He’d been hesitant before. He loved his brother (and still did, though at present, the mere mention of Jack set Henry trembling with rage and indignation), but he did not think he had the strength to bring up another Jack. More troubling than that: Henry had never before tried his hand at fatherhood, and if his brother’s performance–the other Mr. Clark, Marlene had called him–gave any inkling about the caliber of his own, it stood to reason that he had better not.

It was not as though Henry had never wanted children of his own, but when he’d lost Angela, all hope of that had gone with her. He’d always been a man very wary of loss too; perhaps that was why he’d never made much of an effort after. But now, watching his nephew’s display of reverence with renewed interest, he pondered whether he might not be capable of bringing up another Lia.

The Mass lapsed in a haze of half-remembered hymns and responses. Henry stood close beside Leo. Every so often, he would place his hand over the boy’s shoulder–not that Leo needed it; he remained serene as ever. Perhaps it was Henry who needed to brace himself against the nostalgic waft of incense and candle smoke; against the transcendent noon light splintering in through the high rose window at the back and casting brilliant deep hues all about the black-clad nave. To brace himself also against the mounting sorrow he felt for poor Lia—for Angela, even for Jack.

For Leo, most of all.

It was a beautiful service, really–Mass. If you could say that of a funeral. By the time the whole thing had ended and Marlene approached him in the narthex (once she had seen to it that Leo was adequately distracted among a particularly bold gaggle of mourners), Henry’s mind was already made up.

Marlene told him he could bring Leo home immediately. That she would bring the paperwork round tomorrow–that because Henry already had testamentary guardianship, and because Leo’s one remaining natural guardian was effectively indisposed, it would be a fairly painless process.

Or a straightforward one, anyway.

Henry and Leo rode home together in weighty silence. They had never spent very much time together, just the two of them. Although Lia and Jack’s place was not far, Henry worked a lot. He liked to keep himself busy. And now he could not think of a single thing to say to the boy who had just lost his mother, who sat quiet and composed in the seat beside him.

“You can stay in the guest room if you want,” Henry ventured. “The big one with the TV.”

He may have been a bachelor for going on a decade, but he had never found it in himself to part with the proper family-sized bungalow he and Angela had bought together. Lucky thing now.

Leo nodded. “Thank you, Uncle Henry.”

Another prolonged silence followed. Henry glanced sidelong at his nephew. “Are you hungry? I didn’t see you eat much at the reception.”

“Not really.”

“Okay. Well, if you change your mind, I can make you a grilled cheese or something. I don’t have much at the moment, but we can go shopping first thing tomorrow.”


“And don’t worry about getting your things. Marlene said she would bring some of that stuff over tomorrow as well. I have an extra toothbrush for you tonight… and I’m sure I can find something for you to wear.”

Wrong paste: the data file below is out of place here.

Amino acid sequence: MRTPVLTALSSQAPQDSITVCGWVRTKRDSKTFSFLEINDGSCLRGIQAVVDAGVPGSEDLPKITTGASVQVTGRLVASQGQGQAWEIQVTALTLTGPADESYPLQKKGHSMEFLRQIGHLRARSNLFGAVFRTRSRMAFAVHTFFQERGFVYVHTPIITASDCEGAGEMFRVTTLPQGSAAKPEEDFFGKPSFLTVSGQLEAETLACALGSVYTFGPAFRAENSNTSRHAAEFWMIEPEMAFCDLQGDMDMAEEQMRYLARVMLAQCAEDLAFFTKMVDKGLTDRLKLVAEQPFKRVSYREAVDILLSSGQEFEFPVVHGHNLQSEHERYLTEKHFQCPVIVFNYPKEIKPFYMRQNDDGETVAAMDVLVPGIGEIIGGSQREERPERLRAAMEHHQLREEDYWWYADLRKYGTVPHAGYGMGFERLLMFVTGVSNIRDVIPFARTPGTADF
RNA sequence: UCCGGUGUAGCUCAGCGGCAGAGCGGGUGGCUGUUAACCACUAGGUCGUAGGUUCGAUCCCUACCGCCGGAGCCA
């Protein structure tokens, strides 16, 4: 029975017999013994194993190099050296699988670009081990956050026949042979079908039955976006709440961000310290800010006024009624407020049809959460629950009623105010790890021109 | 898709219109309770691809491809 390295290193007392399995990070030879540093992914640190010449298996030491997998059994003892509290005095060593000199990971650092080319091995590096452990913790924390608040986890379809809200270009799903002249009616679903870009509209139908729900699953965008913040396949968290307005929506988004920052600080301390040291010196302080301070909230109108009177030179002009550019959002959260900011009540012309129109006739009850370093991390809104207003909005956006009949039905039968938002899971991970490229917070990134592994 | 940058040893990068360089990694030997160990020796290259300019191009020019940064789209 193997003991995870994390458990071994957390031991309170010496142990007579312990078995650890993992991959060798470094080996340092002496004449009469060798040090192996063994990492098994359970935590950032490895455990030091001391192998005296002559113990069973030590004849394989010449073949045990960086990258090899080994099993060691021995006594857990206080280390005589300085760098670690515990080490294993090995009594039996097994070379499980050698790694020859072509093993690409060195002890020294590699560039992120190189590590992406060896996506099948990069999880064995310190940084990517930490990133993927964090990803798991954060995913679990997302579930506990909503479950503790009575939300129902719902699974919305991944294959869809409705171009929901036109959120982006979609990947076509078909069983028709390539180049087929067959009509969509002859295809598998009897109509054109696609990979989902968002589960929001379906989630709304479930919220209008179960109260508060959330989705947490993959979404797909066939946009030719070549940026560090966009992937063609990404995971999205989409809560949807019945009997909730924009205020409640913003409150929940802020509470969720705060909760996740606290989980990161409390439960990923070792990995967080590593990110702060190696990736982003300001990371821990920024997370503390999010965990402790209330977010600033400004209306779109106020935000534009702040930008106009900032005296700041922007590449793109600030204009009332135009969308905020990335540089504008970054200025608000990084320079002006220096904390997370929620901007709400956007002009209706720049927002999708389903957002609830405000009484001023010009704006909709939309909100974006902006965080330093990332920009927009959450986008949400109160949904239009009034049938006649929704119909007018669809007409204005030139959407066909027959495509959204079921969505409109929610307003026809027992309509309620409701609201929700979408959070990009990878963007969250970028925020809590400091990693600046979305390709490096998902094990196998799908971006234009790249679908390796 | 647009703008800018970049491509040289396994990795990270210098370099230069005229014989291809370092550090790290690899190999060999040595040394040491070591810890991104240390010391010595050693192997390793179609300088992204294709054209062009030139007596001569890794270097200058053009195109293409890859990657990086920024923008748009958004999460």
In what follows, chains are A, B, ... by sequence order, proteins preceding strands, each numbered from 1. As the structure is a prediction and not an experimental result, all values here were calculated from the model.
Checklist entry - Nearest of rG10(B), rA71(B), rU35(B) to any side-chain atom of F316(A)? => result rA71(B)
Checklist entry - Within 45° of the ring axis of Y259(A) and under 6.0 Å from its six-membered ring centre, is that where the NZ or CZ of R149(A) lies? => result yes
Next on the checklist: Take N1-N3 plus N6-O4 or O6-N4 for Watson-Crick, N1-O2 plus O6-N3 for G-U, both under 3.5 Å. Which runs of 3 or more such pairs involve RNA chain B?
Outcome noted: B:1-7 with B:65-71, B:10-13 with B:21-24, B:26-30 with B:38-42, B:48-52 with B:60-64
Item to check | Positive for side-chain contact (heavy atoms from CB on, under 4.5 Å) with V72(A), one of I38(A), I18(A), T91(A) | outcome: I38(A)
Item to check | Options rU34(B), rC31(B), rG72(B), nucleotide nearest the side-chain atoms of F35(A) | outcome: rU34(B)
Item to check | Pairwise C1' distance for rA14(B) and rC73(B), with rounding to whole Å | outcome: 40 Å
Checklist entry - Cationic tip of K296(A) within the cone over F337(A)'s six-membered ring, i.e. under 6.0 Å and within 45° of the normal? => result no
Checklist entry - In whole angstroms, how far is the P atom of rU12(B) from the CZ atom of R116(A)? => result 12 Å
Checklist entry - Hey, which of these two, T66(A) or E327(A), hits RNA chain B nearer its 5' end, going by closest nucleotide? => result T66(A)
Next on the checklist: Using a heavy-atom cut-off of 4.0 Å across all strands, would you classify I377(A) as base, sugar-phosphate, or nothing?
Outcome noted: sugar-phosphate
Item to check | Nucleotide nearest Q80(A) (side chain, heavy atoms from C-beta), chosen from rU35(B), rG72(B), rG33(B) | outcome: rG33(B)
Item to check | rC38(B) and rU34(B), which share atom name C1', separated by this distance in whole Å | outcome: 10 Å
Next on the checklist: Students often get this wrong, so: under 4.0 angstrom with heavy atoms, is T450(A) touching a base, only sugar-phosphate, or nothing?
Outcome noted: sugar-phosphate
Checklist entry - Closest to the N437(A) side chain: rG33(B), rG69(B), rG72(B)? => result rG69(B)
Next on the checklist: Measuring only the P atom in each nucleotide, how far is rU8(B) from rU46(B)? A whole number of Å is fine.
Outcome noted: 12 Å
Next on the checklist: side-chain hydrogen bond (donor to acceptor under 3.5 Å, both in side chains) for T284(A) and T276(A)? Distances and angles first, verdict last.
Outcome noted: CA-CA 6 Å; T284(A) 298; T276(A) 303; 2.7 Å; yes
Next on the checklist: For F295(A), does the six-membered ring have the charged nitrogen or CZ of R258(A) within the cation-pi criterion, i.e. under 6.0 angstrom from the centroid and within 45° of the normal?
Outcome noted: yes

“Okay,” Leo repeated. He stared out his window, head turned so that all Henry could see was the still-stiff collar of his miniature suit and the crown of silken black curls he’d inherited from Lia.

Henry wanted to ask him if he was alright, but it seemed too silly a question.

It was already growing dark when they pulled into the driveway. Henry leaned forward to draw the keys from the ignition; Leo abruptly reached out and tugged him by the sleeve. “Uncle Henry?” he said, his voice small.

Henry turned in his seat and searched his nephew’s face. “What is it, son?”

Leo gazed back at him with eyes that belonged to a boy much older than he. “Am I going to be living with you now?”

“Yes. Yes, you are.”

“And did Miss Marlene… did Miss Marlene tell you if my dad is in jail still?”

Under different circumstances, Henry might have tried to circumvent the question; but then, Leo was no ordinary child. Henry leveled with him. “No, he’s not in jail anymore.”

The look Leo gave him then–the puzzled frown, the sudden, crestfallen crease between his brows–was enough to make him wish he could take it back at once.

“So where is he?”

Henry went very silent; he could not think what to say. Angela would have known what to say.

“He’s not coming back, is he?” Leo pressed, with an aching note of resignation.

Henry swallowed back the lump in his own throat. “No,” he said finally. “I don’t think he is.”

For a moment, it looked as if Leo would swallow it back too–that he would accept this with that same placid dignity, that same quiet grace. Henry rather expected him to give his small nod, a little “okay,” and to climb out of the car without another word about it.

Instead, he watched as Leo’s eyes welled with tears; he watched, frozen with shock and uncertainty, as they began to stream down his ruddy little cheeks, now crumpled in full-blown anguish. Leo burst out sobbing. Loud, wracking, wrenching sobs–screams, really. An animal caught in a trap.

He covered his flaming face with his cherub’s hands and cried and cried.